Albany, NY With elder abuse emerging as one of the most underreported crimes in the country, New York State is taking action to protect seniors from instances of abuse through legislation sponsored by Assemblywoman Donna Lupardo and Senator Sue Serino. A8258/S6676, which was signed by the Governor Wednesday, directs the New York State Office for Aging to develop guidelines to assist healthcare providers and others working in healthcare settings to identify suspected self-neglect, abuse and maltreatment of older adults.
Many instances of elder abuse are never reported because the victim is afraid, embarrassed, or tries to protect their abuser, said Assemblywoman Lupardo. These new guidelines will allow people who regularly interact with seniors to know exactly how to identify potential abuse and the process for reporting cases. As our aging population continues to grow, its important that we focus on these types of protections. I appreciate Senator Serinos ongoing support of issues affecting older New Yorkers and look forward to continuing to work with her to improve the lives of seniors across the state.
Healthcare providers play a critical role in ensuring the health and safety of a countless number of New York's seniors, often building a level of trust that is unique to the provider/patient relationship, said Senator Serino. This bill will go a long way in helping to empower our medical professionals to play a proactive role in preventing elder abuse, an epidemic that too often flies under the radar. I thank the Governor for recognizing the significance of this issue and Assemblywoman Lupardo and our colleagues for making this bill, and protecting our seniors, a priority.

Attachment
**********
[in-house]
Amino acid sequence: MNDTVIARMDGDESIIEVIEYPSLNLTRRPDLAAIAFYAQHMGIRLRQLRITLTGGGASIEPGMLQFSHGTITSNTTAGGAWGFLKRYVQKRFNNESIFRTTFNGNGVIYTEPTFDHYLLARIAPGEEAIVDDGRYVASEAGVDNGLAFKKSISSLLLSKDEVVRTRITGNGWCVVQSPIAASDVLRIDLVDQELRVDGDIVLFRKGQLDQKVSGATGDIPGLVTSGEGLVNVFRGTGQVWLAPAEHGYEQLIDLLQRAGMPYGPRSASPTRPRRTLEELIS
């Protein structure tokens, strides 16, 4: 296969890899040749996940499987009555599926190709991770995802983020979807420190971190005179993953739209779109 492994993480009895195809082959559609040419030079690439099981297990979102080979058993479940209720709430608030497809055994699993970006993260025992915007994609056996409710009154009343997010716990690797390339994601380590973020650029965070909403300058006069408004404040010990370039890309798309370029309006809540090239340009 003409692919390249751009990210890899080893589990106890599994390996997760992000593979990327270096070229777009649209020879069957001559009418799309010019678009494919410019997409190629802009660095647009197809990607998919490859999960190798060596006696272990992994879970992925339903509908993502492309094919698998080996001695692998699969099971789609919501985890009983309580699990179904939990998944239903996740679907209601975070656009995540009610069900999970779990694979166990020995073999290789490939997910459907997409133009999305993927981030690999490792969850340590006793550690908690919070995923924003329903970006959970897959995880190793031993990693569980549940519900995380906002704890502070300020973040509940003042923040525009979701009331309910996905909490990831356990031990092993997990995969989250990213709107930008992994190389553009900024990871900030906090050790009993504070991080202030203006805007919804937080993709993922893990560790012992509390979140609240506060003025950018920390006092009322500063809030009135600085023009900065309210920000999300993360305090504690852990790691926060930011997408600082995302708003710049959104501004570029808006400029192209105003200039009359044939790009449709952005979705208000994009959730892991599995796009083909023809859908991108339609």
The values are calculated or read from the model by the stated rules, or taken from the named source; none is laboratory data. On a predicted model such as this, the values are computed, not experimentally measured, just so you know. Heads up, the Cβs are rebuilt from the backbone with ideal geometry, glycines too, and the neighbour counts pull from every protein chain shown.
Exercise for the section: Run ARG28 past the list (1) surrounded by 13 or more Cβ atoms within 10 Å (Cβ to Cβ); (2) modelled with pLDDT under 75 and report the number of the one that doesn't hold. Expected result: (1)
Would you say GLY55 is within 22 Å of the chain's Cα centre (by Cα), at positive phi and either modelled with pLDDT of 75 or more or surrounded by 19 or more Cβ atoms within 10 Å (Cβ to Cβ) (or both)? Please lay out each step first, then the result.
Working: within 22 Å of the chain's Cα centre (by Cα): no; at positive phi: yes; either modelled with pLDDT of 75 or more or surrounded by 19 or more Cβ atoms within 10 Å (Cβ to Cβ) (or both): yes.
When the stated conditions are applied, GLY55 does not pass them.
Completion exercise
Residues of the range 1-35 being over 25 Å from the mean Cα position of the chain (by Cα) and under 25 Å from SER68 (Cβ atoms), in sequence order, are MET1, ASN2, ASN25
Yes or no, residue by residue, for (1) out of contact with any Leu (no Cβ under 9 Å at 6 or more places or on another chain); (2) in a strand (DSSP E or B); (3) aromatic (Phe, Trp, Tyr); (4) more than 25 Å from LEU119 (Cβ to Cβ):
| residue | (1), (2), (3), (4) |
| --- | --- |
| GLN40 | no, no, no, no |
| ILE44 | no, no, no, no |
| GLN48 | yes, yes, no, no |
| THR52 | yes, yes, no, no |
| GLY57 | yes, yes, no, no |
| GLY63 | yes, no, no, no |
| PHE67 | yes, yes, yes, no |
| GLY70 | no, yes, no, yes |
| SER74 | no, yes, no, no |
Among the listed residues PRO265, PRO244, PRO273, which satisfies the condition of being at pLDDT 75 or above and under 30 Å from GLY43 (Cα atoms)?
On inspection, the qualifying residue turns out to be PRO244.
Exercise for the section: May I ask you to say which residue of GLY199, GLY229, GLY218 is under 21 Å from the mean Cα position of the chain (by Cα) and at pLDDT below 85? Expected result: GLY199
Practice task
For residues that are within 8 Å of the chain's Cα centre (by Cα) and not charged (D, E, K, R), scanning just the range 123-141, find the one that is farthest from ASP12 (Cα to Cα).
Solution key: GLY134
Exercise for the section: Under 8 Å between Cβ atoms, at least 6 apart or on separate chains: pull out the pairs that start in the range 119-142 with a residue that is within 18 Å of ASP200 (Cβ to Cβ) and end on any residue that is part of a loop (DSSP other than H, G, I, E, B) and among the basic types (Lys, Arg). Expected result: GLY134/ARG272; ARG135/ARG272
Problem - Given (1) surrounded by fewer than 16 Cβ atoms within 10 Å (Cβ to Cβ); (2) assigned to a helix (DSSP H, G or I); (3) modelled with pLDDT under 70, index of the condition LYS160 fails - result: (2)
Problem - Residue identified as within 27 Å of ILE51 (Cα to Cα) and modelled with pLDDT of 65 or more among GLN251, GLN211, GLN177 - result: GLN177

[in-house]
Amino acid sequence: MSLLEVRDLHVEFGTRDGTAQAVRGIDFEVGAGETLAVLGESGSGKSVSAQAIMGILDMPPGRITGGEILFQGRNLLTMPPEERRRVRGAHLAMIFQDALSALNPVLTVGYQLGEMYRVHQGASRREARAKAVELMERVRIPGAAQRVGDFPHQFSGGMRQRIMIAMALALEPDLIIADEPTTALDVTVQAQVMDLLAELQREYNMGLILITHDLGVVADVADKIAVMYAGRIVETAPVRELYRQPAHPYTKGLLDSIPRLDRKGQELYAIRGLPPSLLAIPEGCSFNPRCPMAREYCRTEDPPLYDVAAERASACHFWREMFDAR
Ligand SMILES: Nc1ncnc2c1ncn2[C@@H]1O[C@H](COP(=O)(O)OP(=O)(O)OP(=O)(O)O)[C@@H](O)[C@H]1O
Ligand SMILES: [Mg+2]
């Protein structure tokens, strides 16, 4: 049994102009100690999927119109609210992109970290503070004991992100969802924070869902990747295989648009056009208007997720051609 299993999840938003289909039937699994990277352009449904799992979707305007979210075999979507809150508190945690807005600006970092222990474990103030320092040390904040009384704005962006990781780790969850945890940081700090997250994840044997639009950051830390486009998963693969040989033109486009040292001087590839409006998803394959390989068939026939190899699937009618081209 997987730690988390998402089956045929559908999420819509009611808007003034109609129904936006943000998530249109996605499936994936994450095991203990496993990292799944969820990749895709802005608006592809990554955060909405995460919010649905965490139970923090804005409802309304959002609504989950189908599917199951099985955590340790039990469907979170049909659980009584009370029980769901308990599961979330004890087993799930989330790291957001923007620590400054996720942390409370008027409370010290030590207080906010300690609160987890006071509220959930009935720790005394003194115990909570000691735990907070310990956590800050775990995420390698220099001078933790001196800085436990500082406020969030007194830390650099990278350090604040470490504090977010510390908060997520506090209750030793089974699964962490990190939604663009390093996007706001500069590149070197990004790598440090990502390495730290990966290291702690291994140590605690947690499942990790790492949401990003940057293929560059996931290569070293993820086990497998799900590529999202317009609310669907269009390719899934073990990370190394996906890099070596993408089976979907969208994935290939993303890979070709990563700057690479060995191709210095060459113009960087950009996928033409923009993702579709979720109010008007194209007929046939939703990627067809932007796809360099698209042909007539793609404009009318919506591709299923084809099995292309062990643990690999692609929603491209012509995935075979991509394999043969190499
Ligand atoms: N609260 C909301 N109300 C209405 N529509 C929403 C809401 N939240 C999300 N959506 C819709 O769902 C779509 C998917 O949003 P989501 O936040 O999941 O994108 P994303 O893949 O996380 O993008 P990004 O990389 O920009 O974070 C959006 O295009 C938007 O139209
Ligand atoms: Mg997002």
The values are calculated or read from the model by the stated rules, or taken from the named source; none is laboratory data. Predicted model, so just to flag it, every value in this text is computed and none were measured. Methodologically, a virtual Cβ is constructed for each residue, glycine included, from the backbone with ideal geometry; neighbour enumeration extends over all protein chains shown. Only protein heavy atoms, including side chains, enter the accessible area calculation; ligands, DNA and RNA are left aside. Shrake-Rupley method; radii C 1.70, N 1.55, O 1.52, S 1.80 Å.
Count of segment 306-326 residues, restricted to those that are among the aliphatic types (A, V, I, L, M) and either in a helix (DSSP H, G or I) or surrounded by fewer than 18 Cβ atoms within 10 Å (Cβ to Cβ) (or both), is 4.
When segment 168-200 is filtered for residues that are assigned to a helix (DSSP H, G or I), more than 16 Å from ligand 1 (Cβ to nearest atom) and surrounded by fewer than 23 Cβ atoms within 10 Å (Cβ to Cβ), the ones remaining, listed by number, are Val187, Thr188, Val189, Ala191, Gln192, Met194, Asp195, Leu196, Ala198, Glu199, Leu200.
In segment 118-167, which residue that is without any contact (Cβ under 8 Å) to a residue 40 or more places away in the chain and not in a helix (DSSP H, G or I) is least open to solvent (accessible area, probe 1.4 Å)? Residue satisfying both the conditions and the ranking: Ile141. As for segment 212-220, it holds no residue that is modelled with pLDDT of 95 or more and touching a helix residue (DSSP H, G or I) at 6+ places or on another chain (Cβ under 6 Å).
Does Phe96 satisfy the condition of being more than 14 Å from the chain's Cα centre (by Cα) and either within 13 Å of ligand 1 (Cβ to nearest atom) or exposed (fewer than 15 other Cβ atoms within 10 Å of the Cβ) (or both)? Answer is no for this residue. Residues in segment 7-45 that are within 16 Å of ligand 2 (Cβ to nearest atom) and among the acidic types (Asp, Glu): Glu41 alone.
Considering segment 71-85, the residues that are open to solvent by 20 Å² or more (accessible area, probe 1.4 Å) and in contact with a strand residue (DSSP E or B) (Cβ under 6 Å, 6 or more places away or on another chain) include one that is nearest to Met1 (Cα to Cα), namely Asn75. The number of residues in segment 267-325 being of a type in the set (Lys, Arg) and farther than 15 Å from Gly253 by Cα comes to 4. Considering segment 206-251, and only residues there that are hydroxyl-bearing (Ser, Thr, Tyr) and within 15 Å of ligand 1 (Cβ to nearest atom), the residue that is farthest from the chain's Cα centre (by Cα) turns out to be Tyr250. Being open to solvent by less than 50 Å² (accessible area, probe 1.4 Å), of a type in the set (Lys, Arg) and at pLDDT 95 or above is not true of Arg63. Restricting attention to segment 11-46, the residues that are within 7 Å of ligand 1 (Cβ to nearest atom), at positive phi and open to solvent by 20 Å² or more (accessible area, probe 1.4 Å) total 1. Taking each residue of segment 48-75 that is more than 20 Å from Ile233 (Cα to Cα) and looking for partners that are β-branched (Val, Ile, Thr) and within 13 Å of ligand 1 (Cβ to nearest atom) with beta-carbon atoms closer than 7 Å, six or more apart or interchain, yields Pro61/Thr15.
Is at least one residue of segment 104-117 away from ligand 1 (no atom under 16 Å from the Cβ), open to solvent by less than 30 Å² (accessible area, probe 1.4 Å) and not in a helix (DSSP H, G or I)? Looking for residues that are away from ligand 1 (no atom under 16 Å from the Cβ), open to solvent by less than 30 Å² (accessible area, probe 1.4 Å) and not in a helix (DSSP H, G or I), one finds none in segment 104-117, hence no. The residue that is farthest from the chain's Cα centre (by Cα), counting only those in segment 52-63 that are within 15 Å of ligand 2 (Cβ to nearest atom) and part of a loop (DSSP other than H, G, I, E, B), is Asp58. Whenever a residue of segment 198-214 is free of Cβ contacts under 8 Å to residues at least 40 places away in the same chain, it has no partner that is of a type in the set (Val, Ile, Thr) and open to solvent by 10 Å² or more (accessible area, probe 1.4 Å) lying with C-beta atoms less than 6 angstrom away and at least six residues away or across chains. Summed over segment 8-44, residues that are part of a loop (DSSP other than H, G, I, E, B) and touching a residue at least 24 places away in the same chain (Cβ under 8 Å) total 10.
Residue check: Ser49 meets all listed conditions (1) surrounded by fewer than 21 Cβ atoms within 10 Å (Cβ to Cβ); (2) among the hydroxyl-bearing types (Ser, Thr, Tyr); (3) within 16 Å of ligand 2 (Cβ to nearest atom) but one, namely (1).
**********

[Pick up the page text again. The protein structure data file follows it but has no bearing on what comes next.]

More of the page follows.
Continued abuse of seniors can often compromise the financial, physical, and mental health of victims. There are high correlations between elder abuse and maltreatment with hospitalization rates, readmissions, and even death. It has been noted that elders who experience abuse, even moderate in severity, have a 300% percent higher risk of death when compared to those who have not been abused.
Guidelines crafted by the state may include identifying common signs and symptoms of abuse, new screening tools and questions that can be used during visits for detection, training materials for distribution to health care providers and others in healthcare settings, information regarding options for reporting suspected cases of self-neglect or abuse and maltreatment, and available resources for older adult victims.